0.000000e+00 1.960165e+05 1.000000e+01 1.000000e+01 1.000000e+01
1.000000e+00 1.960165e+05 1.000000e+01 1.000000e+01 1.000000e+01
2.000000e+00 1.960176e+05 1.000345e+01 1.000000e+01 1.000000e+01
3.000000e+00 1.960172e+05 1.000000e+01 1.000345e+01 1.000000e+01
4.000000e+00 1.961557e+05 1.000000e+01 1.000000e+01 1.000345e+01
5.000000e+00 4.016822e+00 -9.384890e+00 -2.416915e+00 4.782733e-01
6.000000e+00 4.016824e+00 -9.381649e+00 -2.416915e+00 4.782733e-01
7.000000e+00 4.016833e+00 -9.384890e+00 -2.416081e+00 4.782733e-01
8.000000e+00 4.016879e+00 -9.384890e+00 -2.416915e+00 4.784385e-01
9.000000e+00 4.016822e+00 -9.384890e+00 -2.416915e+00 4.782733e-01


As can be seen, a solution is found quickly in this situation. Is it the same as the previous attempt? Although the final statistic values are not the same, they are very close:

>>> res3.statval == res2.statval
False
>>> res3.statval - res2.statval
1.7763568394002505e-15


as are the parameter values:

>>> res2.parvals
(-9.384889507344186, -2.416915493735619, 0.4782733426100644)
>>> res3.parvals
(-9.384889507268973, -2.4169154937357664, 0.47827334260997567)
>>> for p2, p3 in zip(res2.parvals, res3.parvals):
...     print("{:+.2e}".format(p3 - p2))
...
+7.52e-11
-1.47e-13
-8.87e-14


The fact that the parameter values are very similar is good evidence for having found the “best fit” location, although this data set was designed to be easy to fit. Real-world examples often require more in-depth analysis.

### Comparing models¶

Sherpa contains the calc_mlr() and calc_ftest() routines which can be used to compare the model fits (using the change in the number of degrees of freedom and chi-square statistic) to see if freeing up $$c_1$$ is statistically meaningful.

>>> from sherpa.utils import calc_mlr
>>> calc_mlr(res.dof - res2.dof, res.statval - res2.statval)
5.778887632582094e-22


This provides evidence that the three-term model (with $$c_1$$ free) is a statistically better fit, but the results of these routines should be reviewed carefully to be sure that they are valid; a suggested reference is Protassov et al. 2002, Astrophysical Journal, 571, 545.

## Estimating errors¶

Note

Should I add a paragraph mentioning it can be a good idea to rerun f.fit() to make sure any changes haven’t messsed up the location?

There are two methods available to estimate errors from the fit object: Covariance and Confidence. The method to use can be set when creating the fit object - using the estmethod parameter - or after the object has been created, by changing the estmethod attribute. The default method is covariance

>>> print(f.estmethod.name)
covariance


which can be significantly faster faster, but less robust, than the confidence technique shown below.

The est_errors() method is used to calculate the errors on the parameters and returns a ErrorEstResults object:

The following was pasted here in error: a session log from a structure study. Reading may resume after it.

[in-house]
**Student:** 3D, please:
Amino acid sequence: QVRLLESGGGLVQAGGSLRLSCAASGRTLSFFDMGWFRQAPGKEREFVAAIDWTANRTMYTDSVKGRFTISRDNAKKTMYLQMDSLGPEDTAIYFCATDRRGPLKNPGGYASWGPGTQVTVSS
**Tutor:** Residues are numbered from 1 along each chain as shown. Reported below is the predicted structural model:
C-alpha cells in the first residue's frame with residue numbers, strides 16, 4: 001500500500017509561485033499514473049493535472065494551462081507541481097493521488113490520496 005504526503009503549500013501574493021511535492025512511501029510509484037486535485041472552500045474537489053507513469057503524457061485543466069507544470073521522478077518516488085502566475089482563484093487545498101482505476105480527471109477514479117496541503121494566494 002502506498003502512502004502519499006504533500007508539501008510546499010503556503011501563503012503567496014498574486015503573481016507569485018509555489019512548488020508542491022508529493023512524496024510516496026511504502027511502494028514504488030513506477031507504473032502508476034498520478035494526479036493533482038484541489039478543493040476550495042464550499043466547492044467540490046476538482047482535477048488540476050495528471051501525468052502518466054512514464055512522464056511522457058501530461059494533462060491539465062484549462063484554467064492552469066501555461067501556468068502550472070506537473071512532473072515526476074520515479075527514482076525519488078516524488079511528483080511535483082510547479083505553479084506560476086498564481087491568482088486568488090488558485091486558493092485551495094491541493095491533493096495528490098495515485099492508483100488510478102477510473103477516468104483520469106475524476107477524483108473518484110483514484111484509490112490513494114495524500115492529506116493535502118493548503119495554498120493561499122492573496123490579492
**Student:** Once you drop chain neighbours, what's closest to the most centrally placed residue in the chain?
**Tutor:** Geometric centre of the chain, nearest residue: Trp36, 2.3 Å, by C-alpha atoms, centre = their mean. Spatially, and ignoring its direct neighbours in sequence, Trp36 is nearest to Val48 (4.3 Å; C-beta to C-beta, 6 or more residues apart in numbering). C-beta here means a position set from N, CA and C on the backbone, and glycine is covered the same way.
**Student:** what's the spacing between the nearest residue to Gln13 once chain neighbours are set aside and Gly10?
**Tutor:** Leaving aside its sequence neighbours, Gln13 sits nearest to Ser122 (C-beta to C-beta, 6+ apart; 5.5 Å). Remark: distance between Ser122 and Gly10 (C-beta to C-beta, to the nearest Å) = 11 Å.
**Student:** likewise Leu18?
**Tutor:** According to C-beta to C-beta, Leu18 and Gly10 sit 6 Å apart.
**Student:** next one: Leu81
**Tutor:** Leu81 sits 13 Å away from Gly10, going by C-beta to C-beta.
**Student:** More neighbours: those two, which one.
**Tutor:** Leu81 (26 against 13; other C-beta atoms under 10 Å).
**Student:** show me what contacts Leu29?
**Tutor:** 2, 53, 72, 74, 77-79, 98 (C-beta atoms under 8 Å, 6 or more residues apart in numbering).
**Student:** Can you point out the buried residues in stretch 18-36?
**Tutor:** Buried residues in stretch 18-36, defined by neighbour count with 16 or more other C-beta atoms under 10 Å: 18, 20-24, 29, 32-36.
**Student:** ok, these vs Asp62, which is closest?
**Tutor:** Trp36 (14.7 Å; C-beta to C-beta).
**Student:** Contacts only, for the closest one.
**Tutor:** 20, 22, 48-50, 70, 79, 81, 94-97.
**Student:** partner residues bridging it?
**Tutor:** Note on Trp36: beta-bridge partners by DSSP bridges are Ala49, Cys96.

>>> coverrs = f.est_errors()
>>> print(coverrs.format())
Confidence Method     = covariance
Iterative Fit Method  = None
Fitting Method        = levmar
Statistic             = chi2gehrels
covariance 1-sigma (68.2689%) bounds:
Param            Best-Fit  Lower Bound  Upper Bound
-----            --------  -----------  -----------
polynom1d.c0     -9.38489     -2.91751      2.91751
polynom1d.c1     -2.41692    -0.250889     0.250889
polynom1d.c2     0.478273   -0.0312677    0.0312677


The EstErrResults object can also be displayed directly (in a similar manner to the FitResults object returned by fit):

>>> print(coverrs)
datasets    = None
methodname  = covariance
iterfitname = none
fitname     = levmar
statname    = chi2gehrels
sigma       = 1
percent     = 68.2689492137
parnames    = ('polynom1d.c0', 'polynom1d.c1', 'polynom1d.c2')
parvals     = (-9.384889507268973, -2.4169154937357664, 0.47827334260997567)
parmins     = (-2.917507940156572, -0.2508893171295504, -0.031267664298717336)
parmaxes    = (2.917507940156572, 0.2508893171295504, 0.031267664298717336)
nfits       = 0


The default is to calculate the one-sigma (68.3%) limits for each thawed parameter. The error range can be changed with the sigma attribute of the error estimator, and the set of parameters used in the analysis can be changed with the parlist attribute of the est_errors() call.

Warning

The error estimate should only be run when at a “good” fit. The assumption is that the search statistic is chi-square distributed so the change in statistic as a statistic varies can be related to a confidence bound. One requirement is that - for chi-square statistics - is that the reduced statistic value is small enough. See the max_rstat field of the EstMethod object.

Give the error if this does not happen (e.g. if c1 has not been fit)?

### Changing the error bounds¶

The default is to calculate one-sigma errors, since:

>>> f.estmethod.sigma
1


This can be changed, e.g. to calculate 90% errors which are approximately $$\sigma = 1.6$$:

>>> f.estmethod.sigma = 1.6
>>> coverrs90 = f.est_errors()
>>> print(coverrs90.format())
Confidence Method     = covariance
Iterative Fit Method  = None
Fitting Method        = levmar
Statistic             = chi2gehrels
covariance 1.6-sigma (89.0401%) bounds:
Param            Best-Fit  Lower Bound  Upper Bound
-----            --------  -----------  -----------
polynom1d.c0     -9.38489     -4.66801      4.66801
polynom1d.c1     -2.41692    -0.401423     0.401423
polynom1d.c2     0.478273   -0.0500283    0.0500283


Note

As can be seen, 1.6 sigma isn’t quite 90%

>>> coverrs90.percent
89.0401416600884


### Accessing the covariance matrix¶

The errors created by Covariance provides access to the covariance matrix via the extra_output attribute:

>>> print(coverrs.extra_output)
[[  8.51185258e+00  -4.39950074e-02  -6.51777887e-02]
[ -4.39950074e-02   6.29454494e-02   6.59925111e-04]
[ -6.51777887e-02   6.59925111e-04   9.77666831e-04]]


The order of these rows and columns matches that of the parnames field:

>>> print([p.split('.') for p in coverrs.parnames])
['c0', 'c1', 'c2']


### Changing the estimator¶

The Confidence method takes each thawed parameter and varies it until it finds the point where the statistic has increased enough (the value is determined by the sigma parameter and assumes the statistic is chi-squared distributed). This is repeated separately for the upper and lower bounds for each parameter. Since this can take time for complicated fits, the default behavior is to display a message when each limit is found (the order these messages are displayed can change from run to run):

>>> from sherpa.estmethods import Confidence